We have been exploring savings on a house build for a client on the use of trench or foundation blocks for the buried part of the masonry walls for the property.  For those who don’t know their trench blocks from their normal blocks, a trench block is a lightweight interlocking block brought on the construction market recently.  They come in standard strength and hi strength grades and have hand holds built into the block for carrying.

These blocks are greater in size than normal blocks with a face dimension size of 440mm x 215mm and are available in a range of thicknesses ranging from 255mm to 300mm, and 355mm. One trench block is equivalent in size to two aggregate blocks, or 12 bricks, plus wall ties and infill.

One supplier is Forterra (under their thermalite brand), but there are lots of other suppliers available.

Benefits

The benefi ts to the builder of using blocks below ground are:

  • Speed of build.
  • Lightweight and safe.
  • Less waste as blocks can be cut accurately.
  • Lower cost.

Independent tests have shown that you can build foundations at least twice as fast by using trench blocks and four times as fast as building with common brick.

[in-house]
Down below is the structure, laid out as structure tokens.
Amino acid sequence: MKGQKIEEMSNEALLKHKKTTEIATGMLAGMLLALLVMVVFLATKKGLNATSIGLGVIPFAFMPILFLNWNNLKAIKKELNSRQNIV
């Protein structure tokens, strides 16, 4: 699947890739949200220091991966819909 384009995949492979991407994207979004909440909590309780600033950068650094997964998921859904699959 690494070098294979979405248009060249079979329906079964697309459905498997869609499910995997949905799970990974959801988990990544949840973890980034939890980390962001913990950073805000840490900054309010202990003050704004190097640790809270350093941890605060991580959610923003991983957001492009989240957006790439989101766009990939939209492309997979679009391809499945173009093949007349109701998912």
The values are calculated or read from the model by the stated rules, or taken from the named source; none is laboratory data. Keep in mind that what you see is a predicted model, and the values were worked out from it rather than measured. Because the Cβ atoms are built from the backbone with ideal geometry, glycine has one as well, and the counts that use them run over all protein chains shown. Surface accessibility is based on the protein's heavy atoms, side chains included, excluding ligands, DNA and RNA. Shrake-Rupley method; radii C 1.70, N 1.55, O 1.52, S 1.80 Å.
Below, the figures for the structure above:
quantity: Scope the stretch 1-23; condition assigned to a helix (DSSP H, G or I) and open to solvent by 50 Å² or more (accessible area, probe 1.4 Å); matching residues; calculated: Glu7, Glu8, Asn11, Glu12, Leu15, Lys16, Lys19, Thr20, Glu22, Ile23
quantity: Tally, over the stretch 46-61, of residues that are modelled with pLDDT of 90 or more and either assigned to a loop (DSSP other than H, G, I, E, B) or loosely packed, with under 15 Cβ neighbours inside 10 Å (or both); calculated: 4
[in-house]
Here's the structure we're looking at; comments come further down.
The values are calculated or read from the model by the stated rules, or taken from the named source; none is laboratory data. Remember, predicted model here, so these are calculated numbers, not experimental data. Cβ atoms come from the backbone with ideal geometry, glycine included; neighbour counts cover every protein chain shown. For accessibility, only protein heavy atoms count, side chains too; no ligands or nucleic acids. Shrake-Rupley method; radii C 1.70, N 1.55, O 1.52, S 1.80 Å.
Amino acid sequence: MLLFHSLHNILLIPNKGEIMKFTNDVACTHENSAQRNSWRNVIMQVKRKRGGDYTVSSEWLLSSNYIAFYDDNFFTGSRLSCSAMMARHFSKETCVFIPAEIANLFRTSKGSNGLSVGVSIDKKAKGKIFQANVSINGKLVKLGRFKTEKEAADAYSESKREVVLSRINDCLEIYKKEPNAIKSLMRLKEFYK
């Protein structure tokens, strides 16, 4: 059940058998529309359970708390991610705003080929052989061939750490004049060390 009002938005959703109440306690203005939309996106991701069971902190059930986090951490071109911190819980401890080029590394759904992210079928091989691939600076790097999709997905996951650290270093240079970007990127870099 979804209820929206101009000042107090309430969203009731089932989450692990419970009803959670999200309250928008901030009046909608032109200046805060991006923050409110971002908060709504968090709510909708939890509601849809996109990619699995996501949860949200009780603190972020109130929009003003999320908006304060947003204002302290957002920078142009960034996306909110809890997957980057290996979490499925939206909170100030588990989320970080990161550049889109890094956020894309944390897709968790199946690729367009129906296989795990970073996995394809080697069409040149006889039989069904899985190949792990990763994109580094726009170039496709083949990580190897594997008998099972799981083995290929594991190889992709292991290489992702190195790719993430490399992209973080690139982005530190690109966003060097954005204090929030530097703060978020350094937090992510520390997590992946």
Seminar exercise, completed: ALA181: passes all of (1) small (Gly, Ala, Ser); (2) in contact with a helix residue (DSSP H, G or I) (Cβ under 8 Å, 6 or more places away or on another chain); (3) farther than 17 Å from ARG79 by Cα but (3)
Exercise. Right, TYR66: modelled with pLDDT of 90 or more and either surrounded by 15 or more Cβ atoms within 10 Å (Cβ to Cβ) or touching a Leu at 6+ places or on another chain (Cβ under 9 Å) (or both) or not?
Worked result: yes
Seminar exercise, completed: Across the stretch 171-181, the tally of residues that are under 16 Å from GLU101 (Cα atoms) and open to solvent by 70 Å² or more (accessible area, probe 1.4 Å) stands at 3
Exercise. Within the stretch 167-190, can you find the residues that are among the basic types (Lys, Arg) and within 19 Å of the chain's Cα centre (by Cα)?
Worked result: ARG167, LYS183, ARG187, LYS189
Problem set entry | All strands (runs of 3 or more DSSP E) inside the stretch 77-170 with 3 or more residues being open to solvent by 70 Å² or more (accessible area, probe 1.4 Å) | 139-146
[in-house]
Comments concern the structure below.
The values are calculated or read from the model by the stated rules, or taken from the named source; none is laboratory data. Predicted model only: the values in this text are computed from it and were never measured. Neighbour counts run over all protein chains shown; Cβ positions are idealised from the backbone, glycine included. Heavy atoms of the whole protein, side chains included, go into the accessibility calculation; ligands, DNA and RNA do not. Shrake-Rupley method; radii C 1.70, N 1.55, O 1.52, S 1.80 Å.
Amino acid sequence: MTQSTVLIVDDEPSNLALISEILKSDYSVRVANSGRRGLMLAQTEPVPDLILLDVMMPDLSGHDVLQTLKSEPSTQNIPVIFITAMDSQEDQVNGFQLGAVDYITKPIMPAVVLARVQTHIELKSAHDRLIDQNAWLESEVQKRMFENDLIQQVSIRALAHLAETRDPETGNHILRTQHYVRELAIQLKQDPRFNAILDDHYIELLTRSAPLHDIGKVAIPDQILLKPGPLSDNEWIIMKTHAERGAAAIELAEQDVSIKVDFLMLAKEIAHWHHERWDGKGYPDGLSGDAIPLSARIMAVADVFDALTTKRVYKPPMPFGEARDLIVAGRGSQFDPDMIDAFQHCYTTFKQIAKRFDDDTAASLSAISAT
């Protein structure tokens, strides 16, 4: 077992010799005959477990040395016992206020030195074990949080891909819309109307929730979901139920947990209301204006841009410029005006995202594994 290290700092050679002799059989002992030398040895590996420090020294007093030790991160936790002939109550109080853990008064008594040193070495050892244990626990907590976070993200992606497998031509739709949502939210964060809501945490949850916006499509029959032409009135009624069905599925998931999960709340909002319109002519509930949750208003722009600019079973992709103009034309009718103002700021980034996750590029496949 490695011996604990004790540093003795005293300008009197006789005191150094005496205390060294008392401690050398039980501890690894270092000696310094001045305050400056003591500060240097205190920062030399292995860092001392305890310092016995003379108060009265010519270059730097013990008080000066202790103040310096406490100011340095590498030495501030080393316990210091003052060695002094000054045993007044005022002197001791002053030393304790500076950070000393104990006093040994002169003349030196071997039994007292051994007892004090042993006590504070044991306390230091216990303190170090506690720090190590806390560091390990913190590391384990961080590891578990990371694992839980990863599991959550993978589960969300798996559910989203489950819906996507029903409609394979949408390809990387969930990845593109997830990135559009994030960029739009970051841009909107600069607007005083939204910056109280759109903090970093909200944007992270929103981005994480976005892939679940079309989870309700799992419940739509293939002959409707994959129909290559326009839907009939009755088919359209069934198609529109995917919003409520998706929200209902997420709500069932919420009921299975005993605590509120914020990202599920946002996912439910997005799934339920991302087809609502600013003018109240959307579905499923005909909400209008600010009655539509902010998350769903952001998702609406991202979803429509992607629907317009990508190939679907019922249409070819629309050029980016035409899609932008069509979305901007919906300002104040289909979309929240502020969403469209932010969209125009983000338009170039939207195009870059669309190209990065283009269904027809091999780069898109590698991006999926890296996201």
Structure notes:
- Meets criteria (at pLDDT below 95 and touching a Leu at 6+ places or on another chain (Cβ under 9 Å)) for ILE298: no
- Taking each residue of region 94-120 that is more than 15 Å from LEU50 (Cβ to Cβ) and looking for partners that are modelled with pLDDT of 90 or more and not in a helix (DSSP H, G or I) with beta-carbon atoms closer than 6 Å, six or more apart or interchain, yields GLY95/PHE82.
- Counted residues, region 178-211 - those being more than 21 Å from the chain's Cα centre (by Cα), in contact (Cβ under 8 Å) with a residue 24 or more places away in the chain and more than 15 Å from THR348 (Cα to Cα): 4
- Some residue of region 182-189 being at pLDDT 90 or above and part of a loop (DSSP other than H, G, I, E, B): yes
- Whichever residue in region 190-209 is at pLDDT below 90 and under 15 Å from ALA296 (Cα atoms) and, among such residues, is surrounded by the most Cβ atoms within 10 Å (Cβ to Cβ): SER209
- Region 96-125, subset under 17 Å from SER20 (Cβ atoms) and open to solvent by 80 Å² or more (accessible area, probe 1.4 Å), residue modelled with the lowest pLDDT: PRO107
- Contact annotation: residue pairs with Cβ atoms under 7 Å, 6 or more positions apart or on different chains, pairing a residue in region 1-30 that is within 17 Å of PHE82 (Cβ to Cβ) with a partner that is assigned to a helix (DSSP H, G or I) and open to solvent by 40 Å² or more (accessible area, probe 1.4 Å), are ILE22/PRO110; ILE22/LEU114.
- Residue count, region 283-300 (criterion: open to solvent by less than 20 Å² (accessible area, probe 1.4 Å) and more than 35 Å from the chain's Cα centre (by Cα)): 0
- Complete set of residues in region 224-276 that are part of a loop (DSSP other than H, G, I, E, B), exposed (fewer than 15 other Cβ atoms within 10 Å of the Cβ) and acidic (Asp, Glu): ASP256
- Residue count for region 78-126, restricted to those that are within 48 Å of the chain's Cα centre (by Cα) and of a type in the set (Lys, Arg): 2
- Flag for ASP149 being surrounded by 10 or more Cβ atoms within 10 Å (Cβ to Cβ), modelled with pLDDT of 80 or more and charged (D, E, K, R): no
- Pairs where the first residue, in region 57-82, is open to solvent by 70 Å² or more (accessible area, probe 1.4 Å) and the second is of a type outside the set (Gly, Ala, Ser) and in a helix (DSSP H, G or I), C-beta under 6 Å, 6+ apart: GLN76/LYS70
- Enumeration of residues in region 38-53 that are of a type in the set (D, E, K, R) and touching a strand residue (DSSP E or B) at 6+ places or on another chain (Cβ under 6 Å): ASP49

Blocks are available in a weight less than 20kg with handholds and will comply with CDM Regulations which cover health and safety issues on site for repetitive handling.

Trench Block Detail

The use of trench blocks as a form of construction incorporates a blockwork foundation below ground level with a traditional brick and block cavity wall above. The cavity can be partially filled or full filled as required. This type of construction offers a structure with good sound and thermal insulation qualities.

foundation 1

Alternative

A double blockwork cavity filled wall is an alternative solid block foundation construction. The blocks below ground level are laid to form a cavity which is then filled up to ground level with a cement/aggregate mix. The cavity can be partially filled or fully filled as required.  Filling the cavity prevents water standing in the base of the wall allowing deterioration of the masonry construction over time.

foundation 2